The use of technology to minimize preventable medical errors was a central recommendation of the famous 1999 Institute of Medicine report, To Err is Human: Building a Safer Health System. One application with immediate implications for safer medical practice, computerized physician order entry, has met with strong resistance from its key constituency, doctors.
At first glance, it may be hard to see why. Inferential databases (those with relational "thinking") are used in almost every other type of business from automotive repair to travel agencies to track whether orders are correct and don't conflict with other orders or established procedures. Needless to say, the consequence of an error in a medical order can be far more severe than that of an error in an airline ticket purchase, so it is especially important for healthcare to use these kinds of databases.
With CPOE systems in place, there is very little room for ambiguity for the nurse who carries out the order or for the pharmacist who fills the prescription. Drug interactions and allergy alerts are automatically screened as the orders are written. Drug dosages outside the normal ranges are questioned with "pop-up" dialogue boxes on the computer screen before the physician electronically signs the order. And with CPOE, pharmacists can review and fill the prescription almost instantaneously. So the implementation of CPOE appears to be a no-brainer for the practice of medicine.
"No-brainer" takes on a completely different meaning when discussing physicians and CPOE, however. Physicians state that the use of inferential databases that cross-check and correct all aspects of their work leads to a "dumbing down" of the profession. Dominic Reilly, an attending physician at the University of Washington Medical Center in Seattle, says he fears residents will lose their ability to think critically when they are provided with computerized order-sets and cross-checked medication orders. "When these residents complete their programs and move to settings without computerized order sets, they will be at a disadvantage," Reilly says.
Not only does the CPOE system challenge the intellectual power of physicians; it then forces the physician to wait for the computer itself to "think" through the algorithms. The CPOE system implemented in Cedars-Sinai Medical Center in Los Angeles was reported to have eight-second delays between the three screens required to order a simple antibiotic for one patient. That system was shut down in January of 2003 as a result of physician complaints. There are reports of at least six other hospitals that have pulled CPOE systems as a result of physician resistance.
The medical culture is subtly threatened by CPOE in other ways as well. With CPOE, medical orders are clearly printed so that there can be little misunderstanding between the intent of the order and what was actually written. Anecdotally, some physicians have been heard to say that they prefer to write an ambiguous handwritten order or progress note, because they weren't sure of the spelling of a word, or to protect themselves should the chart be pulled for litigation. The ability to call into question what was actually written versus what was carried out lends the writer of the order some protection.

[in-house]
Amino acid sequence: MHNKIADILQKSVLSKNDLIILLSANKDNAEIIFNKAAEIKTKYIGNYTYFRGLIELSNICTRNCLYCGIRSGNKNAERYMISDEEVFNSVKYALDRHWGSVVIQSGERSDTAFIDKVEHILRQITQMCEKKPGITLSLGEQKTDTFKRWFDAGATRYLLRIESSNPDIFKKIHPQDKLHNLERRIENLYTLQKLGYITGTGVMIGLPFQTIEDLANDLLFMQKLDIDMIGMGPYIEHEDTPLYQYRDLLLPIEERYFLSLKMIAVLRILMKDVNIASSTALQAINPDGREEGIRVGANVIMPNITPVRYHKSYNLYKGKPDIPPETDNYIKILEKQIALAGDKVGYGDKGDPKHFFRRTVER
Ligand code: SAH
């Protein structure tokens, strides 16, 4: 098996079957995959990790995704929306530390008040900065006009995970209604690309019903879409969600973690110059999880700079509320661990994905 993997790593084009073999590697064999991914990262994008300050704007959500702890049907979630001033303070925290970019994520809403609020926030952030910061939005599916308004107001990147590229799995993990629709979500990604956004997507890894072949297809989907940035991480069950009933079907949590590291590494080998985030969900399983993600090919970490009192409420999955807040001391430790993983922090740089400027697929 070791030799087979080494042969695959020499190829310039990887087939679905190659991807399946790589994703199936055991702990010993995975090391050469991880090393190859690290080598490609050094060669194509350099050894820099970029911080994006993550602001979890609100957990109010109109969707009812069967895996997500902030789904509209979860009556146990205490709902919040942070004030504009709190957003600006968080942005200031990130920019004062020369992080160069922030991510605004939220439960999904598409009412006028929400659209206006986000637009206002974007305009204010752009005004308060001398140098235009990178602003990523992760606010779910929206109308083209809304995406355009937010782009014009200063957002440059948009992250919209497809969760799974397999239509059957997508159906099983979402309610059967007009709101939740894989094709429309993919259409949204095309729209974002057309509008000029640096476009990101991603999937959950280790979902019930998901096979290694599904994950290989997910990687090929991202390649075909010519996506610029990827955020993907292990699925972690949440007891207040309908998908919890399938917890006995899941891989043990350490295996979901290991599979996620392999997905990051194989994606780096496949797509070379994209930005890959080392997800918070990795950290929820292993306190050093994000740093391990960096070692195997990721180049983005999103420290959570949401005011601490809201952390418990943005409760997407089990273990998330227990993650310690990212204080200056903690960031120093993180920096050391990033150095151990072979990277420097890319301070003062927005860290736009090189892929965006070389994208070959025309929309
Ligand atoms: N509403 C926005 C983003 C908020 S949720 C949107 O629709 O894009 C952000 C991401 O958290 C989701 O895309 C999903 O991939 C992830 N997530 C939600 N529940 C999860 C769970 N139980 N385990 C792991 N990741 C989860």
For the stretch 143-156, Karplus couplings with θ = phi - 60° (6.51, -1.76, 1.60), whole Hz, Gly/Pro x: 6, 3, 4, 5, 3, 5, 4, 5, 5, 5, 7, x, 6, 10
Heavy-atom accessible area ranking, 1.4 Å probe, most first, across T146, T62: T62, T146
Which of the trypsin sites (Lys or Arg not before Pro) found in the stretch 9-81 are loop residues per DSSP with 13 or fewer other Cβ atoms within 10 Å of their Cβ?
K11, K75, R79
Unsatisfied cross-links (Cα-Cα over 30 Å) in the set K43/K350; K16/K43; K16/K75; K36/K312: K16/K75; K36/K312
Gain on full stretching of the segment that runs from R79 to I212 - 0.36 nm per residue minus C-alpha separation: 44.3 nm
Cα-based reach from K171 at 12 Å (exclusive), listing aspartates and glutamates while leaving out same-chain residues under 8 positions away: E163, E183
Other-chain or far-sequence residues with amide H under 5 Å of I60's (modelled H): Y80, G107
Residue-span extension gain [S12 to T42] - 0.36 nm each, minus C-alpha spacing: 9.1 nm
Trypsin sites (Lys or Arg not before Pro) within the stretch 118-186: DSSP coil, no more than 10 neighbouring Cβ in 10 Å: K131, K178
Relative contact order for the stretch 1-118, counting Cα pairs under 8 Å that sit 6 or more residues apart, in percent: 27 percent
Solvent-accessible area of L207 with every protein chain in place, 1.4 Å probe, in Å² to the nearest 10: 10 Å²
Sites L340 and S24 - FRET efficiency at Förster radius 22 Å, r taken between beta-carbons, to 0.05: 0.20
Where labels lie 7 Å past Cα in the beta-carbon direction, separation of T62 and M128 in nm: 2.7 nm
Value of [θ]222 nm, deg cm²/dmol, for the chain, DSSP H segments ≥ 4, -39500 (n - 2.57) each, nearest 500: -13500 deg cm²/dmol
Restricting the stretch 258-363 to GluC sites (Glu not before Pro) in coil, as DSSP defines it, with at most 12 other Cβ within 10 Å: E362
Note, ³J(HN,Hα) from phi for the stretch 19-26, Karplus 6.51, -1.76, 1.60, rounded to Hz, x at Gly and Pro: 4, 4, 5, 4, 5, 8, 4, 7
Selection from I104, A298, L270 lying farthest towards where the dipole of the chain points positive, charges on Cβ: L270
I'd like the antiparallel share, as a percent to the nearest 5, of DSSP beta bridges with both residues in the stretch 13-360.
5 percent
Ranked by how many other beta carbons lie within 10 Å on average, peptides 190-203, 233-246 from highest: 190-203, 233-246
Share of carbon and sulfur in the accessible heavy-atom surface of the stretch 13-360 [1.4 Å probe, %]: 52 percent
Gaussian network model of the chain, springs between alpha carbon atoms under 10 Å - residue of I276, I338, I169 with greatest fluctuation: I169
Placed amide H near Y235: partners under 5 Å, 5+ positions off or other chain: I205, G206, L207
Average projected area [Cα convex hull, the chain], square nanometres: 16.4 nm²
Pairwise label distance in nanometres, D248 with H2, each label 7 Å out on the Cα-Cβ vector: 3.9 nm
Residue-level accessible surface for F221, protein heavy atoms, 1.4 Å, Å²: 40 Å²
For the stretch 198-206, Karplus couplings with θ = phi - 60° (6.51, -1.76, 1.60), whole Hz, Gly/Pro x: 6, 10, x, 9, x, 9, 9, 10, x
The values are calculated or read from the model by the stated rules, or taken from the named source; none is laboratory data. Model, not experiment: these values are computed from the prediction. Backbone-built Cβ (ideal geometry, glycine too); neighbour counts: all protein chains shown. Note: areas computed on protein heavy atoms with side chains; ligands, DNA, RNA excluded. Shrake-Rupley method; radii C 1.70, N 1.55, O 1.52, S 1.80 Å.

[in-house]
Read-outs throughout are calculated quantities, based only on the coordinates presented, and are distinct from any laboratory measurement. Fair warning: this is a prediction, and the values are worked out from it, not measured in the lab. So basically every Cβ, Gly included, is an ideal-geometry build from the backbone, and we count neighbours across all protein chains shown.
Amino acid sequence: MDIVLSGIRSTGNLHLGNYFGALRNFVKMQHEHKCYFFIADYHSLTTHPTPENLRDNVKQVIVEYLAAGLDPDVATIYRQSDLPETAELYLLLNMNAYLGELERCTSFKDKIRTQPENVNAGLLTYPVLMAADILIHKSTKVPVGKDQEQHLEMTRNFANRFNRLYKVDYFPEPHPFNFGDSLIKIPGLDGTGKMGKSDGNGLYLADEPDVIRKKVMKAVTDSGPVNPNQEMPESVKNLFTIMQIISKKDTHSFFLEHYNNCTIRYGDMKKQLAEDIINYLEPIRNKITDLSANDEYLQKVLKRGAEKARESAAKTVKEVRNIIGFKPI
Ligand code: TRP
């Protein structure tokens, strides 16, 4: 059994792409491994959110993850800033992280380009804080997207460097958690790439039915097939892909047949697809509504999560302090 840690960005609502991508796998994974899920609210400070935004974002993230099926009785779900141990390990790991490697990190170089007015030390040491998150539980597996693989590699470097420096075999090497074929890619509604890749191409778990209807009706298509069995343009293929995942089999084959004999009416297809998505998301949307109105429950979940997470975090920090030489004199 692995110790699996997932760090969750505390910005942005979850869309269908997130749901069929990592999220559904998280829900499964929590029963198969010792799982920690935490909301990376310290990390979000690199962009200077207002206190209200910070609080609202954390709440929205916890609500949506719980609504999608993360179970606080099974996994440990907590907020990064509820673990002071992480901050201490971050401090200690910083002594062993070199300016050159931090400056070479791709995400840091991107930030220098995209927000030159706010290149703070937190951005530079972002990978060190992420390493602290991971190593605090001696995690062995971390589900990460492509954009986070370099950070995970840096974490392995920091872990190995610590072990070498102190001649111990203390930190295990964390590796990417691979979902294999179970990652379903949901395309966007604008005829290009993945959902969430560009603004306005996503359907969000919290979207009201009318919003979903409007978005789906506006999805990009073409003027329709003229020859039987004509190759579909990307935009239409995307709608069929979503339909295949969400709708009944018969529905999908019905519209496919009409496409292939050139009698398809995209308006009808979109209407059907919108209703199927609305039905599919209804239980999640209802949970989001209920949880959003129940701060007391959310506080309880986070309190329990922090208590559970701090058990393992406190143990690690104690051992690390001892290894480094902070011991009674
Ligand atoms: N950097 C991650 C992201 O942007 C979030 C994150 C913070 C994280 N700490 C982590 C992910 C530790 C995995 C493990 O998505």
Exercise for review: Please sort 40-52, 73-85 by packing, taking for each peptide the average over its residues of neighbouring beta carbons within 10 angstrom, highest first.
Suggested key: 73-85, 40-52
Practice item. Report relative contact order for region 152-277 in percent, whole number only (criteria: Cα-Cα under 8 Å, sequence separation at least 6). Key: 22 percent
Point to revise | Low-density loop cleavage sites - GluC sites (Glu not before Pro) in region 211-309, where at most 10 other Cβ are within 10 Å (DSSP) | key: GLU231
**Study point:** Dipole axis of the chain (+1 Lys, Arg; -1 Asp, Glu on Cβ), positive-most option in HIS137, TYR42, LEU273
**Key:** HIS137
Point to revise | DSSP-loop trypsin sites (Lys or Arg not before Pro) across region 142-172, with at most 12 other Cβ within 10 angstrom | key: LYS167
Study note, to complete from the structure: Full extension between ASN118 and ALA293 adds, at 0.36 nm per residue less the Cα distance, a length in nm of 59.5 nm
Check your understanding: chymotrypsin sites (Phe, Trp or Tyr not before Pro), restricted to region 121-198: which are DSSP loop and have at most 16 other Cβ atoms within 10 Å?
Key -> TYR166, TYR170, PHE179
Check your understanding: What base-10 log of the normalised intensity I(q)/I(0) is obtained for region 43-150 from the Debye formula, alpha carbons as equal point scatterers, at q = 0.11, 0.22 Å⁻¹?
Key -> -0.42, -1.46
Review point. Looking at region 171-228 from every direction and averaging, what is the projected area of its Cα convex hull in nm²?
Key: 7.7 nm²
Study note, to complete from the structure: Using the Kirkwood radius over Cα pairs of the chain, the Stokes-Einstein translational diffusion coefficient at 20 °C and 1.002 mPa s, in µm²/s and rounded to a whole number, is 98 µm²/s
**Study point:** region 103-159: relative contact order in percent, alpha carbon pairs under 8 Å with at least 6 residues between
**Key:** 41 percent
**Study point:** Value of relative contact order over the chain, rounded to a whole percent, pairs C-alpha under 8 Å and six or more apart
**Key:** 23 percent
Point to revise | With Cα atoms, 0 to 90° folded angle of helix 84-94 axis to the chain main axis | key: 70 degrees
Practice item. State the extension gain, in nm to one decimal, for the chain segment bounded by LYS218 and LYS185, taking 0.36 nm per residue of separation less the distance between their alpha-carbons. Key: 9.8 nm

With its intellectual dampening effect, nearly 30-second delays between orders and unambiguous nature of typewritten text, it is no wonder CPOE is not widely endorsed by physicians forced to work with it. That is not to say however that physicians are not involved in implementing these CPOE systems -- they are.
Despite his concerns about the impact of CPOE on physicians in the learning environment, Reilly is one of the lead physicians in the On-line Record of Clinical Activity project being carried out at the University of Washington Medical Center, Harborview Medical Center and the Seattle Cancer Care Alliance. His clinical expertise and technical knowledge are essential to the custom design of the $40 million project.
Of course CPOE is not the first innovation to create such resistance in the healthcare setting. Hand washing's acceptance as a standard of practice in the medical community is a prime analogy. Ignac Semmelweis, a Hungarian obstetrician in the mid-19th century, instituted hand washing with chlorinated lime solution to prevent the spread of infectious disease in his hospital. Semmelweis' recommendation was not widely accepted by the medical community, in part because it forced physicians to admit that they were responsible for the spread of disease and the act of hand washing itself took time between each patient encounter. Fortunately, clinicians now have faster and safer ways to cleanse their hands between patient encounters. Now it takes 10 seconds with alcohol based cleansers to kill the bacteria on the hands as clinicians move between patients.
As has hand washing, the function of CPOE will improve with time and innovation. Physician resistance to CPOE as it currently exists will ultimately serve as a catalyst to improve it. However, the efficacy of CPOE as a modality for preventing medical errors will need to be assessed as these systems continue to be put into place in the healthcare setting.
Kyle Sisco is assistant nurse manager of the cardiothoracic intensive-care unit at the University of Washington, Seattle.